Also Apple was a big contributor to earnings in the S&P this year, with their successful I-phone upgrade. We may not get that same effect from them until the Q3/Q4 this year. So just like the emerging markets, I would be much more of a stock picker in the US.

Also look at this table below of annual returns on the S&P500. Over the last 13 years, the S&P has had one big down year, two flat years and 10 years where it was up. That just looks and feels wrong.  

S&P up 10 out of 13 years, but really more like only down once!

Source: Bloomberg


The path of least resistance continues to be yield compression in the Eurozone. Whether European Central Bank president Mario Draghi likes it or not, I think QE will be embedded in Europe for many years.

Just because they will not have the political capital to truly make the fiscal changes needed. I still think by the end of the year, US treasures will have been one of the better performers and I can see scenarios where we may hit the lows of 1.6% on the 10 year (people’s QE anyone?).  


So I started to hint at this in my final pieces last year – but it's time to do the work on the gold and silver miners, like yesterday! Firms with good management, solid balance sheets, healthy cash flow/cash balances, paying down debt, etc.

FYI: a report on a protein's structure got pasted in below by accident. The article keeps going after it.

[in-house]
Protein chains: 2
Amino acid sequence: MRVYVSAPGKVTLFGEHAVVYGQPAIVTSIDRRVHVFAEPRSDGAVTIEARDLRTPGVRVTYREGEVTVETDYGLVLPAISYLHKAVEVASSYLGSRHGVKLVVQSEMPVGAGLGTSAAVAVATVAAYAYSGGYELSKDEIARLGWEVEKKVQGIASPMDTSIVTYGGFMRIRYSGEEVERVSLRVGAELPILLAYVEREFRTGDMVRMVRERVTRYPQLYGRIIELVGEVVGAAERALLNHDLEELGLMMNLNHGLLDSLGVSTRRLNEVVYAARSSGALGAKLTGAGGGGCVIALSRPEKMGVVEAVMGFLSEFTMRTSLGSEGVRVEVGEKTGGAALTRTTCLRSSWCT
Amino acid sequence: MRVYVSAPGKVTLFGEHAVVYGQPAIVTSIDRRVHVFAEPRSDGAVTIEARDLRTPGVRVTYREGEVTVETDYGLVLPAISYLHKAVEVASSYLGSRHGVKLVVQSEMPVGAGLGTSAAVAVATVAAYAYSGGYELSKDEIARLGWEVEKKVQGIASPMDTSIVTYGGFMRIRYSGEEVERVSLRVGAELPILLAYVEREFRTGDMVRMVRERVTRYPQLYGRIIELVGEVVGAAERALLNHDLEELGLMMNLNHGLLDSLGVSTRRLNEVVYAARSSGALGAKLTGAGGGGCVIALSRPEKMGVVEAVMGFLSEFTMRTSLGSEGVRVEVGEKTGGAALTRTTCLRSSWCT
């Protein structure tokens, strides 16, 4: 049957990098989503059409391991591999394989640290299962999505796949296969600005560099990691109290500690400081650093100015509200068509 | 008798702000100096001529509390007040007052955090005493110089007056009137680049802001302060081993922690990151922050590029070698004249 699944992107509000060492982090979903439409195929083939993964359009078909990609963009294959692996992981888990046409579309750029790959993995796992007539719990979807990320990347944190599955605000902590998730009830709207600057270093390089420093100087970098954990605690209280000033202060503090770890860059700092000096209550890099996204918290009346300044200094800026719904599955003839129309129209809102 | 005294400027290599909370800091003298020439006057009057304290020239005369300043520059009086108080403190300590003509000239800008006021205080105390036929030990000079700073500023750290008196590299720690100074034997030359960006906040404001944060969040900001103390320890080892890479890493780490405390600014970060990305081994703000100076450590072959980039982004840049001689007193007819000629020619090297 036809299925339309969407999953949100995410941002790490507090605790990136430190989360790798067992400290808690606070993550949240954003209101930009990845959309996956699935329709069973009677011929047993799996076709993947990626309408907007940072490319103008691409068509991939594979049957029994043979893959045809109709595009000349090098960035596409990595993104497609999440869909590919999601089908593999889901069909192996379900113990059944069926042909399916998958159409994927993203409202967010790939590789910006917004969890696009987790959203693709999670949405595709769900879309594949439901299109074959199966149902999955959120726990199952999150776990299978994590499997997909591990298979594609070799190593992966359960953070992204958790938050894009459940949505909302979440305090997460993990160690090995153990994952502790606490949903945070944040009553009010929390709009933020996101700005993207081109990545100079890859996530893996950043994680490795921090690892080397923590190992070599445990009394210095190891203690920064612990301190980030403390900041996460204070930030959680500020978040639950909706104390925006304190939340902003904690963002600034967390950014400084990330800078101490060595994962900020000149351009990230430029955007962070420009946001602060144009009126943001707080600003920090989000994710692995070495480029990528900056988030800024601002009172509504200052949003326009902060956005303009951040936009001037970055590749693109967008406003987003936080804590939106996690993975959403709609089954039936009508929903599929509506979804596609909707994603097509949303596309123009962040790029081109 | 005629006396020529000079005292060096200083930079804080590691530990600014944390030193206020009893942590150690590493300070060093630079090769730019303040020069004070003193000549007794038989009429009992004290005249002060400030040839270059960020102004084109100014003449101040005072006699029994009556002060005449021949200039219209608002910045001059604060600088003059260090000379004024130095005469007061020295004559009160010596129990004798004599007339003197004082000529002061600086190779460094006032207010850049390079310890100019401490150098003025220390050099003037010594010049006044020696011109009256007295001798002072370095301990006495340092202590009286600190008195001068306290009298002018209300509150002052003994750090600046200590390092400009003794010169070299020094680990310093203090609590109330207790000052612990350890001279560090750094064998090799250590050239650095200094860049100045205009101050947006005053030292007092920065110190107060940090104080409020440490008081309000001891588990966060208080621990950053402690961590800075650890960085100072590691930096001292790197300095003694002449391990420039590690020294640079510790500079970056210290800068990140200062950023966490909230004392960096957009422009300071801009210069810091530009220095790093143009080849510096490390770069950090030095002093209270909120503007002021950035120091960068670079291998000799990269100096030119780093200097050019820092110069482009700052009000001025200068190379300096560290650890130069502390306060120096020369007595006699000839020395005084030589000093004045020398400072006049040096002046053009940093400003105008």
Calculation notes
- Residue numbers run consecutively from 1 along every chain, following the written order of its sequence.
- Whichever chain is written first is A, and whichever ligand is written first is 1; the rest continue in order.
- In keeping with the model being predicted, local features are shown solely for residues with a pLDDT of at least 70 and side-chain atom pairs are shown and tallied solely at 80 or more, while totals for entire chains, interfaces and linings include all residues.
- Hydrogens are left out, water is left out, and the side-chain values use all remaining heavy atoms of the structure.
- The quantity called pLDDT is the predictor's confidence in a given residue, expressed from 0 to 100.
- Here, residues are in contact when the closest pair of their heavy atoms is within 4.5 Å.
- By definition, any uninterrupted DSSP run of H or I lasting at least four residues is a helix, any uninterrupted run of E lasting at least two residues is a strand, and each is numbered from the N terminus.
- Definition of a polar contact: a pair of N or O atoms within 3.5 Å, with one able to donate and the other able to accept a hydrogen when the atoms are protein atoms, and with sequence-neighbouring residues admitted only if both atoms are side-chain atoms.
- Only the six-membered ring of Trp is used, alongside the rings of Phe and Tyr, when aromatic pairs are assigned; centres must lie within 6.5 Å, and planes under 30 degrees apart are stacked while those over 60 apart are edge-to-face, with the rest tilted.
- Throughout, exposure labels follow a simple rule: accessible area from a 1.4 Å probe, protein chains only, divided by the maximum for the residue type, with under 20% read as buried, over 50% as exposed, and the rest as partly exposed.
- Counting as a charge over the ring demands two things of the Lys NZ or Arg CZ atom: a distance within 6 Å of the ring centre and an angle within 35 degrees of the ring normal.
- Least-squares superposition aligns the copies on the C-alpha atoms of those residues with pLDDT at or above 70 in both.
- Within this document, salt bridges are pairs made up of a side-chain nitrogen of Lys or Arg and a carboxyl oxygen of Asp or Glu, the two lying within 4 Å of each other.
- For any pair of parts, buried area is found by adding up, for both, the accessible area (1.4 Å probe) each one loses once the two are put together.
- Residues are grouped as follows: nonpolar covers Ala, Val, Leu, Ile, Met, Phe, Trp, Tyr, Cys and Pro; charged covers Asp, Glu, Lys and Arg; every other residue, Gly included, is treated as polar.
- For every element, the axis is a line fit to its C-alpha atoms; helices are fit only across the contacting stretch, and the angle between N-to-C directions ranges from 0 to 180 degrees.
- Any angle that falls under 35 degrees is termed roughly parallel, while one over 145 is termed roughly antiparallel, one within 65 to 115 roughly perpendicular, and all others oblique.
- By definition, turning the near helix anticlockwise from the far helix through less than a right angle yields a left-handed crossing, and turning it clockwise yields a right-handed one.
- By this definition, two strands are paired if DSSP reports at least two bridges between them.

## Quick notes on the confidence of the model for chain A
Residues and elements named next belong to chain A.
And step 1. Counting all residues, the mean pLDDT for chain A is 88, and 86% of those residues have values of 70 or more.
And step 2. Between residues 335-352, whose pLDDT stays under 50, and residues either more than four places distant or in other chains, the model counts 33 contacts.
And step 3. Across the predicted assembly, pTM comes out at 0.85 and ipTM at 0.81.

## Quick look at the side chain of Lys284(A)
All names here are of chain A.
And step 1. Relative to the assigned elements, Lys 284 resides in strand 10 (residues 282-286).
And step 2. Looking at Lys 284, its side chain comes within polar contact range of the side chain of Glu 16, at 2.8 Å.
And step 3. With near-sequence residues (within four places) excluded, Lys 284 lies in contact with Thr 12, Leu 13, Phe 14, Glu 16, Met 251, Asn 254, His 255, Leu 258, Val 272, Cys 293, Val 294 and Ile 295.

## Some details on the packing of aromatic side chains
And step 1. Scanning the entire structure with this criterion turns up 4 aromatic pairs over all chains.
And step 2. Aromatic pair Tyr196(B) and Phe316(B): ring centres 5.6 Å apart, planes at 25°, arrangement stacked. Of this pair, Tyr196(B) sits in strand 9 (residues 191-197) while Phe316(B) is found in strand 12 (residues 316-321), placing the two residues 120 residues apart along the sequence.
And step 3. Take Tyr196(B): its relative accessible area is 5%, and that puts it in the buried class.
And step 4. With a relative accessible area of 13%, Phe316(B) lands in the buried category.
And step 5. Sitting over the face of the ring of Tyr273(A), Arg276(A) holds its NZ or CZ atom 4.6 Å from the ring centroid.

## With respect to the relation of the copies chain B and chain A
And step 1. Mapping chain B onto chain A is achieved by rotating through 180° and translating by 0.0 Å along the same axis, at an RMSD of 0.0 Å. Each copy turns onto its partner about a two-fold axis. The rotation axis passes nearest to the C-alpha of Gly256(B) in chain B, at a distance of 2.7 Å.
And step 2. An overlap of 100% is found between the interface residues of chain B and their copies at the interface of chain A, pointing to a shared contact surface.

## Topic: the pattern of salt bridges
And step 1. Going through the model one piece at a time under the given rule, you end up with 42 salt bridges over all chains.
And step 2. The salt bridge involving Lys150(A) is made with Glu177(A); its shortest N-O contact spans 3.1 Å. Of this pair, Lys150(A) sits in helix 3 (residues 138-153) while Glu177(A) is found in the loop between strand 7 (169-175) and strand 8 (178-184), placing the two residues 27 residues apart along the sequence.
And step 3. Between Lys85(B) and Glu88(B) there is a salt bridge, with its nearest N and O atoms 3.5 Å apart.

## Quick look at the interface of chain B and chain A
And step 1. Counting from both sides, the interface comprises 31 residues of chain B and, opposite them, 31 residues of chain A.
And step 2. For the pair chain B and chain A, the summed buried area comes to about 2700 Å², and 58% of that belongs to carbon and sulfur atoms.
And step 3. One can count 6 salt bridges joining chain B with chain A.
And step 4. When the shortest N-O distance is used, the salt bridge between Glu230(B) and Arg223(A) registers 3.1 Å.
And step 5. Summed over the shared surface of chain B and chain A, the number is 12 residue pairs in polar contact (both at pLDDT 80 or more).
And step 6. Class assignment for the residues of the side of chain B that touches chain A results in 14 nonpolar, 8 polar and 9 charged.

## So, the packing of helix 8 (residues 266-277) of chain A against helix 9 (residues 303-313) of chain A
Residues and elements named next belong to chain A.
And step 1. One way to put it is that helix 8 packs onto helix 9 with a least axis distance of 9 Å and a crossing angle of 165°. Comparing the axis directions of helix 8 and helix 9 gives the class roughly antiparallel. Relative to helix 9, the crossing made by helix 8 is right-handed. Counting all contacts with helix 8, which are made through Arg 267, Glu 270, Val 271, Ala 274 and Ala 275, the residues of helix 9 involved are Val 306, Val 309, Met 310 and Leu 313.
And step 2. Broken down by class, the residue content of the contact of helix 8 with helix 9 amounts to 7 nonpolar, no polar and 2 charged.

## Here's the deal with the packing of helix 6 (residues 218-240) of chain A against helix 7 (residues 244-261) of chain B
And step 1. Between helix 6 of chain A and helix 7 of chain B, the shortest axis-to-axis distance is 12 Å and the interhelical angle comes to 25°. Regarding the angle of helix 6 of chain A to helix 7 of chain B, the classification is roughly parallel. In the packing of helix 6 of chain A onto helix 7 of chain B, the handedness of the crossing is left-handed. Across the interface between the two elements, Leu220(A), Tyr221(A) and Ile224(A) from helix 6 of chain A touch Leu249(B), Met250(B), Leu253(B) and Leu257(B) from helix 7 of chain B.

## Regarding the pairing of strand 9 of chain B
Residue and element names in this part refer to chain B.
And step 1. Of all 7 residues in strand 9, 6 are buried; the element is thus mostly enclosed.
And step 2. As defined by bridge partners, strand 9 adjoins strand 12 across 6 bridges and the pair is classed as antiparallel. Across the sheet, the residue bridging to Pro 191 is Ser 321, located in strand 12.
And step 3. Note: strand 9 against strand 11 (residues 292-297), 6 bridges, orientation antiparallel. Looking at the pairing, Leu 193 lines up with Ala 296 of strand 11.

And I would be starting to allocate them to the portfolio, whilst one can never call the bottom – from a long-term strategic sense I would look to be fully invested in this idea over the next two years. The point here being, if we are really going to continue into a storm of economic irresponsibility and continued QE (ie US/Fed backtracks), then assets whose value cannot be tampered with (printing press style) will be that much more valuable (yes, do some work on Bitcoin).

Also gold tends to perform well, when fear is high. I prefer the miners, rather than outright exposure to commodities. And of course silver will offer more downside risk, given that there is also an industrial argument for the use of silver.

For those not keen on individual names such as GG, AEM, PAA, SLV, AG, then check out ETFs such as GDX or GDXJ. If you are concerned about the downside from an outright position, well you can actually buy 1 or 2 year call options on those ETFs (perhaps just wait for an equity bounce, so volatility can come off, as the option premiums are quite elevated at the moment). Worth noting the chart still looks terrible.

GDX (Gold ETF) also has 1-2yrs options available. The chart still looks dreadful
Source: Bloomberg
Week ahead

With the US out on Monday due to Martin Luther King Jr Holiday, respite and leadership may be lacking on the equity markets. It is worth noting that most major indices are hovering around the “correction” of 10% and its only the Shanghai Composite which is down -18% YTD, that is flirting with the technical bear market measure of -20%.